Seeing and being seen: An investigation of video guidance processes with vulnerable parents of infants
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The psychosocial development of infants is closely interrelated with the relationship with their caregivers, especially with the caregivers’ capacity to emotionally attune themselves to and mentalize the infants. Parents’ difficulties to mentalize and remain emotionally connected with their infants are therefore a central focus for infant mental health interventions. Marte Meo video guidance supports infant development, interaction quality, parental mentalizing and sensitivity. Yet, there is a lack of knowledge about using the method with parents thus challenged and in specialized clinical work. The present thesis explored video guidance for parents with difficulties mentalizing and remaining emotionally connected with their infants. Which psychological and therapeutic processes were involved in the guidance? The thesis comprises two separate studies presented in Papers 1- 3. Study 1 (Paper 1) aimed to analyze how Marte Meo therapists experienced and handled challenging guidance processes with parent-infant dyads. Study 2, a cooperation with a specialized infant mental health team, investigated how parents who struggled to mentalize and remain emotionally connected with their infants experienced video guidance. Two separate analyses were presented in Papers 2 and 3. Paper 2 aimed to explore what the parents experienced as supportive and challenging elements in video guidance as a method. Paper 3 aimed to investigate the parents’ experiences of change during video guidance. Both studies were based on a phenomenological-hermeneutic approach using team based reflexive thematic analysis. Study 1 explored focus group interviews of a purposive sample of thirteen Marte Meo therapists with experience in guiding parent-infant dyads. Study 2 investigated in-depth interviews of a strategically recruited sample of twelve parents referred to specialized treatment who had difficulties mentalizing and remaining emotionally connected with their infants. Strategic recruitment by criterion sampling was based on a narrative interview with attachment-focus. In Paper 1, four main themes were drawn from therapists’ experiences and handling of challenging guidance processes with parent-infant dyads: 1) promoting relational growth in a coercive context; 2) building an alliance that feels safe for the parents; 3) looking at positive moments in difficult lives; 4) handling intense feelings as a therapist. In Paper 2, we identified four main themes describing parents’ experiences of challenging and helpful elements in video guidance: a) handling initial feelings of fear and loss of control; b) filming as a disturbing or agentic experience; c) feeling validated or devalued in the therapeutic relationship; and d) bringing insights from video guidance into everyday life. In Paper 3, four main themes summarized parents’ experience of the change process: a) feeling inadequate or disconnected as a parent; b) discovering the infant as a relating and intentional person; c) becoming more agentic and interconnected, and d) still feeling challenged by personal mental health issues. The overall results indicate that Marte Meo can assist profound change processes for parents with difficulties mentalizing the infants and manifest mental health problems.Video could create an opening that made parents accessible to new experiences and ideas about themselves. Feeling connected was a key ingredient for further changes in interacting, mentalizing, and feeling more confident and self-efficacious, centrally supported by the therapeutic relationship. Our findings suggest further research topics for video guidance with these vulnerable parents. Their requirements should be recognized by clinical practice and met with structural and method development. A rationale for Marte Meo in child protective contexts, cooperation with parents’ mental health treatment, therapist supervision, and expansion of training curriculum seem indicated. Early systematic assessment of parents’ vulnerabilities and child protective issues could facilitate an adapted guidance process, attending to parents’ health struggles, self-conscious emotions, and need for recognition. Our findings indicate that Marte Meo guidance can strengthen vulnerable parents’ connectedness, mentalization and self-regulation, and self-efficacy, both as parents and in other areas of life.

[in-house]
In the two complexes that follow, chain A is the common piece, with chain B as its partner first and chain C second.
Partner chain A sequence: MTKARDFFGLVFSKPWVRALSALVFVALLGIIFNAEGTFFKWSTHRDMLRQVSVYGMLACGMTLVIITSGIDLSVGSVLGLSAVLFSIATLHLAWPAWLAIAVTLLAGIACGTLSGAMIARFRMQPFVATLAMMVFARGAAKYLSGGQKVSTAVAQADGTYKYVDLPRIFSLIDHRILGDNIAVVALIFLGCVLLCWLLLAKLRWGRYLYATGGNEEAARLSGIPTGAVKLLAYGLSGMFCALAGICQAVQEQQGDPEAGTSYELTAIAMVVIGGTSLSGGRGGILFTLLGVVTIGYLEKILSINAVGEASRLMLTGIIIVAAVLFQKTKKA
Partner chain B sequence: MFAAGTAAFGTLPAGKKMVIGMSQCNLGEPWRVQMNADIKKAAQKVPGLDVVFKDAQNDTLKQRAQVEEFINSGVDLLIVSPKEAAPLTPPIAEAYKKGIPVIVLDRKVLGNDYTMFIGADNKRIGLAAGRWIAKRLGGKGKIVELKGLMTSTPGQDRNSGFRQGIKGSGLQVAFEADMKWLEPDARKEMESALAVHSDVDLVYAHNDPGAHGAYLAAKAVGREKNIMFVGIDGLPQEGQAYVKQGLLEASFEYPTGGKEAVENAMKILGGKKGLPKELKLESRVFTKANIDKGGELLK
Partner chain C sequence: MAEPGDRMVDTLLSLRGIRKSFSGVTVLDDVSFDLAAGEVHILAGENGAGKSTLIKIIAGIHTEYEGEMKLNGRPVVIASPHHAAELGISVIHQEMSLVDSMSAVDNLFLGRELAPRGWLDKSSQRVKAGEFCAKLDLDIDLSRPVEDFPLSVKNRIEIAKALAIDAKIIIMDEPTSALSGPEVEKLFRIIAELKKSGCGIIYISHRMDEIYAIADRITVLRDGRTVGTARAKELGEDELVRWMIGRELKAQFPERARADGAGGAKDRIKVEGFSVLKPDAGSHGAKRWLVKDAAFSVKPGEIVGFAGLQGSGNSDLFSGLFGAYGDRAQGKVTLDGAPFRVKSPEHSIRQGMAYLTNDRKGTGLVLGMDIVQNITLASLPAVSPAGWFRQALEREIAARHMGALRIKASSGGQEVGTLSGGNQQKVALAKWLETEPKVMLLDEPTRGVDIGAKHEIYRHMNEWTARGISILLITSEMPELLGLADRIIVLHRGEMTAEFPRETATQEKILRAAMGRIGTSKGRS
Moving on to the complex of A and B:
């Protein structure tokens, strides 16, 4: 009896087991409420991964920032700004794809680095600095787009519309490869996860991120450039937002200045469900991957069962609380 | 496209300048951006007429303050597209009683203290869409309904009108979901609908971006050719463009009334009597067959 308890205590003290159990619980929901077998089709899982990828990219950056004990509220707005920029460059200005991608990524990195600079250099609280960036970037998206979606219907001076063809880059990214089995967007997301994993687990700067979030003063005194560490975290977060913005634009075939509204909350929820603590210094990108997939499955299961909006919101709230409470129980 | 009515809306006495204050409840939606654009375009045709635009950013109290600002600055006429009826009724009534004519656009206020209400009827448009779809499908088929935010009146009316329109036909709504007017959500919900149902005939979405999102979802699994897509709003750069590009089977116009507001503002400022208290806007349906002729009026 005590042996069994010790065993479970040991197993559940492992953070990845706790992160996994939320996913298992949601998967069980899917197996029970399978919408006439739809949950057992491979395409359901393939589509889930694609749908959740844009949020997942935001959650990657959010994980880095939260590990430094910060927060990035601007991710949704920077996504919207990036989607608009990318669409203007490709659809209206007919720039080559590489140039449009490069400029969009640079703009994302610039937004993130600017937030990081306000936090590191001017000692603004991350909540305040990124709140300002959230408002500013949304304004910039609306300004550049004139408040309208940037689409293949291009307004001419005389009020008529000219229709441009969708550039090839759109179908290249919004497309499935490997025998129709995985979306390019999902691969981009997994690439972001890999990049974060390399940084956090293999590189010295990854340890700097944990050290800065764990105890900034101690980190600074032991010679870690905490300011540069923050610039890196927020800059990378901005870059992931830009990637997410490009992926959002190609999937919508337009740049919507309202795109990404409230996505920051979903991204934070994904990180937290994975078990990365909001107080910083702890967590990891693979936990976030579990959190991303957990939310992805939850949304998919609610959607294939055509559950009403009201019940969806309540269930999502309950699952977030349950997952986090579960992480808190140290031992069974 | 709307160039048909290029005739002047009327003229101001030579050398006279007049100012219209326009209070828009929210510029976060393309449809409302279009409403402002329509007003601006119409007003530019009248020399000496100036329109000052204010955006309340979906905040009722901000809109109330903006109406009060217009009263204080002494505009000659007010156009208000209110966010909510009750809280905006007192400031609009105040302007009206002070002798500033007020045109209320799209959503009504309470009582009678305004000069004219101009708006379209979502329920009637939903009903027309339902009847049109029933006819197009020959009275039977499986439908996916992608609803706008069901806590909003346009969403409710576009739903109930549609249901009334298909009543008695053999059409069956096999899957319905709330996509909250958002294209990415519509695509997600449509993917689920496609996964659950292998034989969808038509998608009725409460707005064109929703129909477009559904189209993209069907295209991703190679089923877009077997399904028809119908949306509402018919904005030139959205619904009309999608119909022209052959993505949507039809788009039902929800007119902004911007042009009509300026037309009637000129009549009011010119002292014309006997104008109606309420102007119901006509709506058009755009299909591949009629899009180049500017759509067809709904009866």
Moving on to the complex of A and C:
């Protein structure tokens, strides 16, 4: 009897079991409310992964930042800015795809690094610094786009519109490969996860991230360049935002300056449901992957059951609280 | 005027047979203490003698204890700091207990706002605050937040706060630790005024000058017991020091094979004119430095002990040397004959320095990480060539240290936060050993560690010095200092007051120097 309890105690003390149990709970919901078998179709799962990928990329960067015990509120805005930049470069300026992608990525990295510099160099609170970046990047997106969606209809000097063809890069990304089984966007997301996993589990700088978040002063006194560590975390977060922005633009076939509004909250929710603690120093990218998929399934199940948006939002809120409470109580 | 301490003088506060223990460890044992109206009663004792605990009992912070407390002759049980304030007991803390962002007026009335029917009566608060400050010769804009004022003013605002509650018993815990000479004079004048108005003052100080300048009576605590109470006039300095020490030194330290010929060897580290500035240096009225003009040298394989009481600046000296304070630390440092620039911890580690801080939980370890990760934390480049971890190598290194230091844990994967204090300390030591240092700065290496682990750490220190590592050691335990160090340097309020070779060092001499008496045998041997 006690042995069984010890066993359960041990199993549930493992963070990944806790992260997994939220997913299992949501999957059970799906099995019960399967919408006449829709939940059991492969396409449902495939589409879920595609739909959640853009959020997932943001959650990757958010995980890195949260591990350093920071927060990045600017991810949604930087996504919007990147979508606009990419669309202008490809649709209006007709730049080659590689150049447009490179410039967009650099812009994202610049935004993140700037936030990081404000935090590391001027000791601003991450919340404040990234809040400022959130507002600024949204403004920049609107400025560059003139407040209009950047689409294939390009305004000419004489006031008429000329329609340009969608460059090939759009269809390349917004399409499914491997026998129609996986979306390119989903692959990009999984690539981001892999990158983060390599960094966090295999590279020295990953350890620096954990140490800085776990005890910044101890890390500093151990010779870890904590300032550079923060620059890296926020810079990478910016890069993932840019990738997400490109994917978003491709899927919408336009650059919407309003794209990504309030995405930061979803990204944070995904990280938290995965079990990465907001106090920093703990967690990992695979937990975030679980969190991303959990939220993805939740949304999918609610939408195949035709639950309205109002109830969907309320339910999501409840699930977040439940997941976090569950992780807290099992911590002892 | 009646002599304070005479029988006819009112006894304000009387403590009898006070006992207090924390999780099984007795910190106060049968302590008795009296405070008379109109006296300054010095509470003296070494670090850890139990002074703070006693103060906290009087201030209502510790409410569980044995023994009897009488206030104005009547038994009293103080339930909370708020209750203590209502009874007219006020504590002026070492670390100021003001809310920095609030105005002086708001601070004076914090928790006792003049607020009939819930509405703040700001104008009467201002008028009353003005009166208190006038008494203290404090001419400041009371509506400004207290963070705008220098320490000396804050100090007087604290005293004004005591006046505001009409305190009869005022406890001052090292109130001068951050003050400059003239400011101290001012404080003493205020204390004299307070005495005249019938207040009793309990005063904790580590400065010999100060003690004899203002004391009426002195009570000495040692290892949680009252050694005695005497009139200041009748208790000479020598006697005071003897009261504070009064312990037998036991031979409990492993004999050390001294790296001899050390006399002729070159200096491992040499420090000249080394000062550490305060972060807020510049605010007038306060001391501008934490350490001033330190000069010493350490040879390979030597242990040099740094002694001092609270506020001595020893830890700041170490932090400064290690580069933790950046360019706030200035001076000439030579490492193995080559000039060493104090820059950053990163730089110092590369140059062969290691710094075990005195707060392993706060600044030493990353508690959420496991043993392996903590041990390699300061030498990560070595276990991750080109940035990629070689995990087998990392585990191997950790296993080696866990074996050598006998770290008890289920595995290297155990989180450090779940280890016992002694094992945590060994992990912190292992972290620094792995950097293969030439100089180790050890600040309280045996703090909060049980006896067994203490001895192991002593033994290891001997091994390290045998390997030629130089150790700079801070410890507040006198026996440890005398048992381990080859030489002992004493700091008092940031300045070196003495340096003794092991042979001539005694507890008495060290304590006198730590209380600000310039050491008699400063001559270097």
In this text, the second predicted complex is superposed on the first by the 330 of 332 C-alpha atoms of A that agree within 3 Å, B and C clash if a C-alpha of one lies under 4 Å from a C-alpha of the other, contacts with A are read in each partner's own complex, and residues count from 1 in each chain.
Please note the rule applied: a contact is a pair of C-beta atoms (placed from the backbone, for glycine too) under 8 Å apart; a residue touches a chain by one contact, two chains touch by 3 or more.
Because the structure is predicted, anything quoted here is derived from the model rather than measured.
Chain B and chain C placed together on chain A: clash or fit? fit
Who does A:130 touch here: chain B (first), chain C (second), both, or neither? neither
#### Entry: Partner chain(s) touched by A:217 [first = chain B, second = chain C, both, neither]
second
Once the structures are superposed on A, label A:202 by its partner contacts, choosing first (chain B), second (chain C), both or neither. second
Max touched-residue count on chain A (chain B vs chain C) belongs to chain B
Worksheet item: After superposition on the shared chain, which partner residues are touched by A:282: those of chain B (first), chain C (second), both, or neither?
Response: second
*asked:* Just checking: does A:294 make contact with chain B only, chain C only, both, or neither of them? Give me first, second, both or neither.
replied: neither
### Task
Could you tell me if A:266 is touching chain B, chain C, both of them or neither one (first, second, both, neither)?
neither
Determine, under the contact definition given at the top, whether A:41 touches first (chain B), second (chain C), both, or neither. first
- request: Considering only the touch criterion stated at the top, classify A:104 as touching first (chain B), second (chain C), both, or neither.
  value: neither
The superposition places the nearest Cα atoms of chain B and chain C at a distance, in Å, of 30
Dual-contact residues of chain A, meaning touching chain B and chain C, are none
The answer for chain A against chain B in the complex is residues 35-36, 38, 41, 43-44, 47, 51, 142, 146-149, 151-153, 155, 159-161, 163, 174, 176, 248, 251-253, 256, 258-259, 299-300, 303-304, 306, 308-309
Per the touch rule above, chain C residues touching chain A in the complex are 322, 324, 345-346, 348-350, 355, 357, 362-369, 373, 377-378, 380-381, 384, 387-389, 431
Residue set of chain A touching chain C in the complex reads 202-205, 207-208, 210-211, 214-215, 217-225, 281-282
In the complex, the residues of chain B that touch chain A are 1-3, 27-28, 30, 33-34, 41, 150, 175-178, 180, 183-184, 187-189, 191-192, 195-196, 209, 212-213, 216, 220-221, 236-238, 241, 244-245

Has partsPaper 1: Simhan I., Veseth M., Vik K., and Hjeltnes A. (2020). Finding focus in a difficult landscape: Therapists’ Experiences with Challenging Video Guidance Processes for Parent–Infant Dyads. Infant Mental Health Journal, 41(6):743-756. The article is available at: https://hdl.handle.net/11250/2838553
Paper 2: Simhan I., Vik K., Veseth M. and Hjeltnes A. (2021). Like Taking a Magnifying Glass into Everyday Life: Vulnerable Parents’ Experiences with Video Guidance in an Infant Mental Health Clinic. Frontiers in Psychology, 12:542716. The article is available at: https://hdl.handle.net/11250/2838395
Paper 3: Simhan I., Vik K., Veseth M. and Hjeltnes A. (2021). Learning to mentalize: Exploring parents’ experiences of change during video guidance in an infant mental health clinic. BMC Psychiatry, 21:400. The article is available at: https://hdl.handle.net/11250/2838549